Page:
WWE superstar The Big Show recently spoke with Sports Illustrated to hype his new Netflix series and talk about his challenge to new WWE champion Drew McIntyre at the conclusion of WrestleMania 36. Highlights are below.
His challenge to McIntyre after WrestleMania 36:
I know a lot of people have been giving me grief, saying I’ve had more heel turns than NASCAR [laughs]. I want people to understand that me challenging Drew after WrestleMania wasn’t about a heel or face turn. I’ve been a WWE competitor for four decades, and a lot of the locker room was my responsibility—that’s what happens for the old guys.
Thoughts on McIntyre:
I was a fan of Drew’s 10 years ago. It didn’t work out, and that happens, but the way he’s come back and conducted himself, with all his focus, I wanted to show people the Drew McIntyre that I know. And I can testify that Drew’s Claymore Kick will knock a few fillings loose. He’s one tough son of a gun. I’m really proud of him, and he’s the champion that Raw deserves. There are a lot of interesting matches with him in the future that I’d like to see.
How he has been practicing social distancing:
I’ve been practicing social distancing for 25 years. I don’t go out to malls, I don’t go out in public. I kind of hide like Bigfoot.
Wrestling fans feeling welcome to watch his new Netflix series:
It’s very important. Our creators, Josh Bycel and Jason Berger, are both WWE fans. And our writers are great, too. They understand the product, they understand my era, my generation, and they understand me as a character. To have that synergy to take the Big Show out of an environment, one with spandex and a squared circle, and into a family setting. They’ve done a fantastic job of bridging the Big Show character you’ve seen for years into the Big Show on The Big Show Show. It’s an easy transition for our fans to come over, be entertained, and help escape.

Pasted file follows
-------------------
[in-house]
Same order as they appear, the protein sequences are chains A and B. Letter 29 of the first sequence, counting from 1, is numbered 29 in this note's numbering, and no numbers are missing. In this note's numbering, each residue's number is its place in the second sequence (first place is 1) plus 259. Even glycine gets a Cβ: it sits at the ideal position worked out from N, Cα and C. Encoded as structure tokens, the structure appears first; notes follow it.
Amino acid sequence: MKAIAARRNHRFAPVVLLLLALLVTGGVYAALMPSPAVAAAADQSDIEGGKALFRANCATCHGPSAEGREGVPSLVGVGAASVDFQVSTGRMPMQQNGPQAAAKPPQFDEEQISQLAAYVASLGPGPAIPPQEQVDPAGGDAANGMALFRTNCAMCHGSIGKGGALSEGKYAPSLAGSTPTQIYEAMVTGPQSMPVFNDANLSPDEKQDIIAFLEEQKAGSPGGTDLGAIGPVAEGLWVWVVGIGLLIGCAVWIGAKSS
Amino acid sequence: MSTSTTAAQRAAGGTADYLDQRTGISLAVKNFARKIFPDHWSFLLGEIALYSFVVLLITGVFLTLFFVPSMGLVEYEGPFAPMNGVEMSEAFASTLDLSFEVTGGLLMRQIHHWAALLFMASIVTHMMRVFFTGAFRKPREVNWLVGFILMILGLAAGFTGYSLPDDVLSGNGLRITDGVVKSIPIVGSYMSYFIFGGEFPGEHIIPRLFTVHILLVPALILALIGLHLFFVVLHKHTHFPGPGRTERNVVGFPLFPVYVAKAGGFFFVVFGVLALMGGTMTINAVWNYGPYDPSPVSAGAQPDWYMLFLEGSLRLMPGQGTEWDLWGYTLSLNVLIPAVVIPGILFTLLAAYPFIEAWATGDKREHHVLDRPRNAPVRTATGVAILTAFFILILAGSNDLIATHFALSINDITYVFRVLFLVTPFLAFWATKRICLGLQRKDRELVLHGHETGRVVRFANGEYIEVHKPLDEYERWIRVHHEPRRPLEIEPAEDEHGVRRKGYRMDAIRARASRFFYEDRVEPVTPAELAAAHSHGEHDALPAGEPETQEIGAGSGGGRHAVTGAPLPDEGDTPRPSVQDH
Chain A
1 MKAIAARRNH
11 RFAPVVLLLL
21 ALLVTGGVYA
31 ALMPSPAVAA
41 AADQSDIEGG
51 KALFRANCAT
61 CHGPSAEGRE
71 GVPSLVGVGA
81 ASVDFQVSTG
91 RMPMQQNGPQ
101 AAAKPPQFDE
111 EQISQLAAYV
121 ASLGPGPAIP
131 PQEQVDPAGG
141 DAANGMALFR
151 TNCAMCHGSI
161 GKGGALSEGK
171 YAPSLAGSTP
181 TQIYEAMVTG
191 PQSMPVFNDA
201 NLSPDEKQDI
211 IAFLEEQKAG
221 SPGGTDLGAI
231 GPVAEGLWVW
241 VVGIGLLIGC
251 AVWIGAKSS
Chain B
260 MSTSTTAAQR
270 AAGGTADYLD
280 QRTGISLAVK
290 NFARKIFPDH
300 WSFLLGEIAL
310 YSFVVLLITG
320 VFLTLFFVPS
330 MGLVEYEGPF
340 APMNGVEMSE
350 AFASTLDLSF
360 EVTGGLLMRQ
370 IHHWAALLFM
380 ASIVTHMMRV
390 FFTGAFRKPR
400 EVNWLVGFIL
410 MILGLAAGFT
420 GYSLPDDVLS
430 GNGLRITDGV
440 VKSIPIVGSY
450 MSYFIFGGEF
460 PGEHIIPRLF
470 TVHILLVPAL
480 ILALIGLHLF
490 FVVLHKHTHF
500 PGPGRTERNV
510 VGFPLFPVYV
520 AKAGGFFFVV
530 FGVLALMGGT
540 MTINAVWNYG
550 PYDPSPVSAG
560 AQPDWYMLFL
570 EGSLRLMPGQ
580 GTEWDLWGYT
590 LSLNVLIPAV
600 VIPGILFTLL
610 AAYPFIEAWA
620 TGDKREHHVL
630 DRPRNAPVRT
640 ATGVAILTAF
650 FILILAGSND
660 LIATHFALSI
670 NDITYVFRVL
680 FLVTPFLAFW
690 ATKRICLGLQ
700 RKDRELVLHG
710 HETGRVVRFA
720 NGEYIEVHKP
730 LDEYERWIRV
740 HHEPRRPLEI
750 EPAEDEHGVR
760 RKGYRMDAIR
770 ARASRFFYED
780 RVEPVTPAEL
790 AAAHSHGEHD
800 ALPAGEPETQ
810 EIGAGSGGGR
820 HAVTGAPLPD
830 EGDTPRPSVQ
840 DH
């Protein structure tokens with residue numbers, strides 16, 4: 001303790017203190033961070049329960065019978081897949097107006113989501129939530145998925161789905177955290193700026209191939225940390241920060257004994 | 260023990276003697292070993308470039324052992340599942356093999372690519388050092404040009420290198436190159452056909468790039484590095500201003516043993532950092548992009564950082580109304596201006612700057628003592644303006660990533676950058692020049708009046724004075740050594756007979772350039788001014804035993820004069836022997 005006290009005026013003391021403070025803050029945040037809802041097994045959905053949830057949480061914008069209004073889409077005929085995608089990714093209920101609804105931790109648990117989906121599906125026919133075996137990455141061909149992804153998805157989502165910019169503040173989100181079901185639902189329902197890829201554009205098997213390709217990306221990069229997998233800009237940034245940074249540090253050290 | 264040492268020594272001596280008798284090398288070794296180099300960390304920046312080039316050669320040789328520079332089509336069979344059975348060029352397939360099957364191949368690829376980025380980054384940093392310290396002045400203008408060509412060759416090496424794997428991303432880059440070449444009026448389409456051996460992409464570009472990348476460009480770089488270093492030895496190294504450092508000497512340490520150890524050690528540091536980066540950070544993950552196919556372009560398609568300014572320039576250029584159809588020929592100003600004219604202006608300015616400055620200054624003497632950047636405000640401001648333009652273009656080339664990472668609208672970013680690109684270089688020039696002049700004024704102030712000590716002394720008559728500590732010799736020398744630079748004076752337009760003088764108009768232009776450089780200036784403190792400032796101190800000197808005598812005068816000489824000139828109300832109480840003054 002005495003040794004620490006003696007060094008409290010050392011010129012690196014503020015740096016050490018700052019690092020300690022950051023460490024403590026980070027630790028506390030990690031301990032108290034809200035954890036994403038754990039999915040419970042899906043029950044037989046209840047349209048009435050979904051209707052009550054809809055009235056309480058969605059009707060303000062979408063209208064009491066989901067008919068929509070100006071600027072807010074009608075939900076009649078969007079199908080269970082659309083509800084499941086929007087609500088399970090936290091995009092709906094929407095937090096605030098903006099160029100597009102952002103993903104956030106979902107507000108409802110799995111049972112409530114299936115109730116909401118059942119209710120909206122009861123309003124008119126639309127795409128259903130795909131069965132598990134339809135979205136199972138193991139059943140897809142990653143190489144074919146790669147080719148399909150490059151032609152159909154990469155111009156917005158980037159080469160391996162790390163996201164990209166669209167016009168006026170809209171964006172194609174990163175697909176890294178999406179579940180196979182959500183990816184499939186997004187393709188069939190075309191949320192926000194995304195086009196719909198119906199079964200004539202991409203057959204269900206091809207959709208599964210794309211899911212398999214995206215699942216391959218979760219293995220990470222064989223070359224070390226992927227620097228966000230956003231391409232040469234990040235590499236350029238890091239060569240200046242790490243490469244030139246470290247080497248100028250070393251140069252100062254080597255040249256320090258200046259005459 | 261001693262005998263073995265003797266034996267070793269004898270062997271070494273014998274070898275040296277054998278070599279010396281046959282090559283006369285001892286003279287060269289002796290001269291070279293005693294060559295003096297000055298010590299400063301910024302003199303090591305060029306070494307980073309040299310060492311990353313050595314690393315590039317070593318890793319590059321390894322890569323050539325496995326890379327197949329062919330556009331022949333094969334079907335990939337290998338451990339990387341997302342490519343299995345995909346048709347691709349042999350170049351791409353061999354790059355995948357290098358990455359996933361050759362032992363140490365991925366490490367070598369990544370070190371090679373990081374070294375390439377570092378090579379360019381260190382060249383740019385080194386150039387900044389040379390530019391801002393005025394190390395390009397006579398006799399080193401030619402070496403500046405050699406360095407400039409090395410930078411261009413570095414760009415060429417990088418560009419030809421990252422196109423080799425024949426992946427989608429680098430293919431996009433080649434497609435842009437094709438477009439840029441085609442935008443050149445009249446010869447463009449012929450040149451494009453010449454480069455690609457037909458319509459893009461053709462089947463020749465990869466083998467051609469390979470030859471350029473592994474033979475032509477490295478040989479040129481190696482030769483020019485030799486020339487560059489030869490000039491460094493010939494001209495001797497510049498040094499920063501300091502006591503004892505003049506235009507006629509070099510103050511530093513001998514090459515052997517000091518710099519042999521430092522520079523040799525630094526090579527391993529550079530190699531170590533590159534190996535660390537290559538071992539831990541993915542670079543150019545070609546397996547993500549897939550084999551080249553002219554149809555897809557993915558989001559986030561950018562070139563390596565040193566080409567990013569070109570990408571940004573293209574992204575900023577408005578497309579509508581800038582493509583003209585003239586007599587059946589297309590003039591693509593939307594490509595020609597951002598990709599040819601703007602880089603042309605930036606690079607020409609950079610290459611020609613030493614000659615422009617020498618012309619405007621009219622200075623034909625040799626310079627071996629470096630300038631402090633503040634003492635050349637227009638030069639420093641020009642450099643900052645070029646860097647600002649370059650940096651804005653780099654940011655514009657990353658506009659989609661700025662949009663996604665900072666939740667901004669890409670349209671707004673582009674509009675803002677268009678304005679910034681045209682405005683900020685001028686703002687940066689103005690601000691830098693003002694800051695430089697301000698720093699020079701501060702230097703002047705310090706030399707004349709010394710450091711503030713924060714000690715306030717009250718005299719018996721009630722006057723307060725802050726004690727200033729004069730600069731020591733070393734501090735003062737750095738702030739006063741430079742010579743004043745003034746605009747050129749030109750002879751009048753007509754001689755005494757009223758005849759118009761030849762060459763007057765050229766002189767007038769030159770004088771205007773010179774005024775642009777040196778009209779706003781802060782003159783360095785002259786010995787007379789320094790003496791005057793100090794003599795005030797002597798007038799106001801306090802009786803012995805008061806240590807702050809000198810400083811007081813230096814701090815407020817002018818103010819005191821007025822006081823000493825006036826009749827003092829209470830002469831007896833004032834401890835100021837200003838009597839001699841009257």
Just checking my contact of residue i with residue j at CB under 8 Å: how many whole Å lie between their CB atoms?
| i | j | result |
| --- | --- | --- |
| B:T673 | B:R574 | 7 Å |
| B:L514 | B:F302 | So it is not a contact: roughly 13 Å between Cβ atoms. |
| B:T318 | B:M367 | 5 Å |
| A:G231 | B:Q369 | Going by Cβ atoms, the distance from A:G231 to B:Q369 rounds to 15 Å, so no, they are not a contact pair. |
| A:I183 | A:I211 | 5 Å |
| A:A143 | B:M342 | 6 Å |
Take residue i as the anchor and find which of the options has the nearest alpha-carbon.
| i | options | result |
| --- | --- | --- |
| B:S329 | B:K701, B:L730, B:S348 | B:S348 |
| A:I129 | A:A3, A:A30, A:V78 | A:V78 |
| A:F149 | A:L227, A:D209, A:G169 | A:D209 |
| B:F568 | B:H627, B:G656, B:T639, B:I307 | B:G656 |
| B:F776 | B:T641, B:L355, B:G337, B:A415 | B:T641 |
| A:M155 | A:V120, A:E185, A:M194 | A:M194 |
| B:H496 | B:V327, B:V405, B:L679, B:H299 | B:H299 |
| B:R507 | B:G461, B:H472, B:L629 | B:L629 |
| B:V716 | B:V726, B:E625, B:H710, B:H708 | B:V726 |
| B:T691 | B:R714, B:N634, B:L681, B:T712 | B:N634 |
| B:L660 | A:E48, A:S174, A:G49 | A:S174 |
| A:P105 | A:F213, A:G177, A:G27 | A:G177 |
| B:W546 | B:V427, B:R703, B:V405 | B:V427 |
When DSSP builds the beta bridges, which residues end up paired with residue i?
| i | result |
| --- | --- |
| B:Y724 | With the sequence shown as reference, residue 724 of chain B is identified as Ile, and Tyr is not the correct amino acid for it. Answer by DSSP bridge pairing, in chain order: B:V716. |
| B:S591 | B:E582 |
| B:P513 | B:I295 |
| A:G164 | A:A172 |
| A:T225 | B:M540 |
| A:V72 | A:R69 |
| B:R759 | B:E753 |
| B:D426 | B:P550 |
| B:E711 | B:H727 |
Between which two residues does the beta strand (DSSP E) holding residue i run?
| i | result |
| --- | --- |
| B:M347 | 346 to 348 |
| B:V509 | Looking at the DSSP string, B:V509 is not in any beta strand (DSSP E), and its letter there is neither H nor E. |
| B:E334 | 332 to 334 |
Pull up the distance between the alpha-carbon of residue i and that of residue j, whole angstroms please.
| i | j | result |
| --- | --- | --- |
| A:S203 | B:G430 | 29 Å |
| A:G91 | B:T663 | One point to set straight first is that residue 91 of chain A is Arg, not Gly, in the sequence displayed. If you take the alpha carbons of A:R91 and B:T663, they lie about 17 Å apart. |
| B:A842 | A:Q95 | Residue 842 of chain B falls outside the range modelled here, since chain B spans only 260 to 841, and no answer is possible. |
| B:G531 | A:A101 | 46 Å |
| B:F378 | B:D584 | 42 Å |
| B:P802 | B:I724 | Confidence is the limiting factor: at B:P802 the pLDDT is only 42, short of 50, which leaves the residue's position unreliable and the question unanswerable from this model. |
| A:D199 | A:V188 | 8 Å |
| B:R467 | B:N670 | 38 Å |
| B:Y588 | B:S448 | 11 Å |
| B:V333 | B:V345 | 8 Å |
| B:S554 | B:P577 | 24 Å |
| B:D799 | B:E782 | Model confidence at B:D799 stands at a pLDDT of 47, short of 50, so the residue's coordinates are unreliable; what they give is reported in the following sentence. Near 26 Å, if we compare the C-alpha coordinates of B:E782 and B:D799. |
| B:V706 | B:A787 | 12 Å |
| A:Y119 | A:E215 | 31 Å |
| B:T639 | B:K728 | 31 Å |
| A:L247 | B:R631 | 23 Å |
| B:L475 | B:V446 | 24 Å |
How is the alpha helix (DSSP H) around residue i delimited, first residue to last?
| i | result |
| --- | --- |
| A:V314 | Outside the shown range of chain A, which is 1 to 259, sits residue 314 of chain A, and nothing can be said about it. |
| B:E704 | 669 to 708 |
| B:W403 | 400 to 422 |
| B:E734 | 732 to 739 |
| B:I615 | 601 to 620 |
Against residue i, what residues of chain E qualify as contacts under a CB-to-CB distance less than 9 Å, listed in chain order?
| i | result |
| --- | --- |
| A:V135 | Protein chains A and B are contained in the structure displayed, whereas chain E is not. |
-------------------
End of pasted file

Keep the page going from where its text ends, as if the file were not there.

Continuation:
How it feels to have his own show:
I could never have envisioned a blessing like this. I had no idea where my career was going to go. When I started in WCW [in 1995], I was brought in and built as an opponent for Hulk Hogan. I had very little training for that match. The rest of it was kind of like getting thrown in the water—if I swam, it was up to me. If I didn’t, it wouldn’t have been that big a deal. The business was a lot different back then. Luckily, I swam and survived. Along the way, I’ve been able to build my Big Show character and build my relationships with the people at WWE, who understood there was a lot more to the Big Show than what people saw on TV. To get the opportunity with this Big Show Show, and still be able to interact with the fans because it’s a live audience situation, and it’s really a peak behind the curtain of the Big Show character and what it would be like with three incredible, powerhouse daughters and a spunky, rambunctious wife. I have to pinch myself all the time—I can’t believe I’m this lucky and this fortunate. I’m extremely grateful for the opportunity.
Recovering from multiple hip surgeries:
Yes, it was five hip surgeries, so my body has been through a lot. The first one, I had surgical complications with a surgical infection, which means the metal was dirty and we tried to combat that. Finally, we had to do a full replacement, and IV-lines for antibiotics and all these things I went through. When we were shooting The Big Show Show, I had just had my full hip replacement about two-and-a-half, three months before. For me, I was going through a lot. I look a little chubby there, too. The reason being is I had been battling with the hip. Now I’m back down to 372, and my weight is really good, like it was before I went in for my surgery two years ago. Physically, I’m in a better place than I was a couple years ago. It’s weird to say I’m in better shape at 48 than I was at 42, but it’s true. And I always travel with my boots, just in case WWE creative needs me.